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Dark side of Dazzling Fire Work Industry in India

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MBA aspirants must be updated with General Awareness on current topics. General awareness topics With analytically drawn conclusions will benefit You in WAT / Extempore Speech / Essay / GD & PI 

Today, you will read General Awareness Topic:
"Dark side of Dazzling Fire Work Industry in India"
 
Fireworks are very popular in our country. These are extensively used during celebration of various festivals. Fireworks provide a grand finale to most of the functions. Fireworks industry is labour intensive and it involves a degree of skill and specialization. 
 
The fireworks industry is governed by the Indian Explosives Act and Rules 1940 and the unit has to comply with all the regulations. A no objection certificate from the District Magistrate for the establishment of such industry has to be obtained and approval for establishment of the factory has to be obtained from the Inspector of Explosives of the region. This industry is concentrated in Sivakasi, Ramanand District, Tamil Nadu. 
 
Sivakasi is known throughout the world for fireworks production. 90% of India’s fireworks is produced here. The fireworks industry in Sivakasi is worth between Rs 800-1000 crore. The market for fireworks is likely to grow at the rate of 10% per annum.  
 
There are nearly 450 fireworks factories giving direct employment to about 40,000 workers and about 1 lakh indirect such as paper tube making, wire cutting, box making in the country side. Fireworks in Sivakasi also produce Military Weapons training items. They are used for training in armed forces. Some airports are using Sivakasi rocket to scare away birds to avoid bird hits of aircrafts.
 
However, there is some dark-side of the dazzling fire work industry in India which received widespread criticism for the employment of child workers. For many years, the industry employed thousands of children, because they were paid half as much as adults and their hands were suited to working with the small firecrackers that most factories made then. Child labor has yet to be eradicated from the industry.
 
The practice of home-based firework production, enabled through a network of contractors and sub-contractors, has gained strength and is not just creating fire hazards at homes, but is also pulling children into the industry. Fireworks industries give contracts to the villages for making roll caps, sticking the materials where a large number of children work at homes after coming from school. 
 
Moreover, the violation of safety norms has caused around 1,000 deaths in the last 10 years and continues unchecked due to insufficient government regulation of the industry. Every year around 150 people gets injured in fire accidents and many get killed. Lack of proper safety precaution and overloading the workers with tight deadlines are one of the main reasons for such accidents.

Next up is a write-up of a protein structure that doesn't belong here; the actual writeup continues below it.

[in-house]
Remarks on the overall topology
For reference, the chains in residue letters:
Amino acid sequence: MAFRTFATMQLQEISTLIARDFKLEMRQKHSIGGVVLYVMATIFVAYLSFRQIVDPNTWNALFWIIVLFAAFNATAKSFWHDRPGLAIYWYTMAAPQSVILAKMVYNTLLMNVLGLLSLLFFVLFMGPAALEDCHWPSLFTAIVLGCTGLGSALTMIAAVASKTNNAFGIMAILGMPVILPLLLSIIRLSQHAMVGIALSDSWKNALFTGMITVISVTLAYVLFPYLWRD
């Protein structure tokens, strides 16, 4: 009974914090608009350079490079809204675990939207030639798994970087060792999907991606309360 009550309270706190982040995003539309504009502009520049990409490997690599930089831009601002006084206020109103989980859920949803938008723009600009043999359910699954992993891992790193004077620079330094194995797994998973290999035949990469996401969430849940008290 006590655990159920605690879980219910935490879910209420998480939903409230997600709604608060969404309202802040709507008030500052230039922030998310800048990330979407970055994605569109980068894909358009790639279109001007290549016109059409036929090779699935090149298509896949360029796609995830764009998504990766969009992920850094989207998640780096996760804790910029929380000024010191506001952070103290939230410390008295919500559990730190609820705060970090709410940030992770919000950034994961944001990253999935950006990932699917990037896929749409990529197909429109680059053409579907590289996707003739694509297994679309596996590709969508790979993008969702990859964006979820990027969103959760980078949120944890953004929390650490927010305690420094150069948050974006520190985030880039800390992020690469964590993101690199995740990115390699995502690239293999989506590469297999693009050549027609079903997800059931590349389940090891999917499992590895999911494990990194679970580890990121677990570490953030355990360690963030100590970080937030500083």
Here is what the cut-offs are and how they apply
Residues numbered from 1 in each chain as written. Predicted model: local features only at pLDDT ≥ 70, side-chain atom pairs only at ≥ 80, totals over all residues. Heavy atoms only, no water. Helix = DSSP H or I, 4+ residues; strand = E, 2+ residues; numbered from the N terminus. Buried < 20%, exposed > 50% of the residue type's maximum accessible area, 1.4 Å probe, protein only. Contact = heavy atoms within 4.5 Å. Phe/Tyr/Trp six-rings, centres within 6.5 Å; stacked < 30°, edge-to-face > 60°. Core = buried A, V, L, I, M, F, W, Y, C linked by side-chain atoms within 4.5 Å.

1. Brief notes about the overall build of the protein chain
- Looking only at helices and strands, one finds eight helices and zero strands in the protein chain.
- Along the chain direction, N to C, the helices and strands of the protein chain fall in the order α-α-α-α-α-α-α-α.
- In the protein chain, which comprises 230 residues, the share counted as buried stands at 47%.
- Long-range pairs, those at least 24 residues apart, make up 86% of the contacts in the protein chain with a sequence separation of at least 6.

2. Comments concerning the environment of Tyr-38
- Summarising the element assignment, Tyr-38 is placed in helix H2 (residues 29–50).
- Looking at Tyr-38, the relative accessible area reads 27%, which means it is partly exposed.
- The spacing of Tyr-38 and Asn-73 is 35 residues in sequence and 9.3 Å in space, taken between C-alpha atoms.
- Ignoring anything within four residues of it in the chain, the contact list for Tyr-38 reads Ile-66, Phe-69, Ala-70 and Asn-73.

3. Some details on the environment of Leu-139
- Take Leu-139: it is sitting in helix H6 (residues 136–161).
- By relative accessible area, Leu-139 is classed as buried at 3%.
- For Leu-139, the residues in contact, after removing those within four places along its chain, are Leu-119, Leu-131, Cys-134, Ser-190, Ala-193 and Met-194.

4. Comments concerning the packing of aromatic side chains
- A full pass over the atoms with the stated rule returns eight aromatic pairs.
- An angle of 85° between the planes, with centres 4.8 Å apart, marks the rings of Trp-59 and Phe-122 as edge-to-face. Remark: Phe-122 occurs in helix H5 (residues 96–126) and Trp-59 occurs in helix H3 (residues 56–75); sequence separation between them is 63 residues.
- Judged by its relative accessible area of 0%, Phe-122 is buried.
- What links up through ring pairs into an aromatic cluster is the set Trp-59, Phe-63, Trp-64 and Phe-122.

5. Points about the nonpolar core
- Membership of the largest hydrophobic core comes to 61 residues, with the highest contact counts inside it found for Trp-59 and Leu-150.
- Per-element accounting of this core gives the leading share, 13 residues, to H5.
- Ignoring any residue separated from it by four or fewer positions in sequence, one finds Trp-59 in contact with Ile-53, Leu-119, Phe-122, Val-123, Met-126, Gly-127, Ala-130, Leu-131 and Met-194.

There are several human rights violations and violations of law passed by Indian Government in this industry. The accident which occurred on Sep 5th 2012 is one of the major accidents in past years. Around 53 died in the accident and many were injured. Licence of the factory where explosion took place, was revoked the day before due to safety violations and more inventory was on hand than regulations allow, apparently in anticipation of India’s peak fireworks season i.e. Diwali. 
 
Those who work in the industry carry painful scars - a broken leg or skull, or a hand burnt by explosives, and many here complain of chronic respiratory problems. Unavailability of gloves and masks results in many chronic diseases to the labourers. 
 
The Shivkashi hospital has a shortage of staff and equipment and has no supply of morphine, the standard pain relief drug for burn victims. A license for a fireworks factory comes through only after clearances from the local police, pollution, health and other departments, but a lack of coordination and the absence of routine official checks mean many factories do not follow safety norms.
 
Most laborers in fireworks plants, who tend to be temporary workers paid on a piecework basis, not only are uninsured but take further risks during the peak season by bringing raw materials home to assemble fireworks there. Researchers say the fireworks industry’s safety practices need to be monitored more regularly, by elected officials as well as nongovernmental organizations.
 
Of late, government had also started some measures like – expansion of fire-hazard training and development of methods for automating the manufacturing process. Tamil Nadu Chief Minister has earmarked Rs.11.3 million for a burn ward at the Sivakasi government hospital, to be run by Madurai Medical College Hospital. Also, the Tamil Nadu government plans to double the number of beds in the government hospital to 60, in addition to building an intensive care unit, an operation theater, a plastic surgery unit, an orthopedic unit, a physiotherapy unit and a rehabilitation center, with the total cost estimated at 45 million rupees. 
 
India is the second biggest producer of fireworks after China and almost all of it is for domestic consumption. As the Shivkashi’s soil is not suitable for agriculture, fireworks are the only source of livelihood for its residents. While the efforts of the industry and the authorities is to automate procedures, setting up of better medical facilities and ensuring greater compliance to safety regulations should come up as soon as possible.
 
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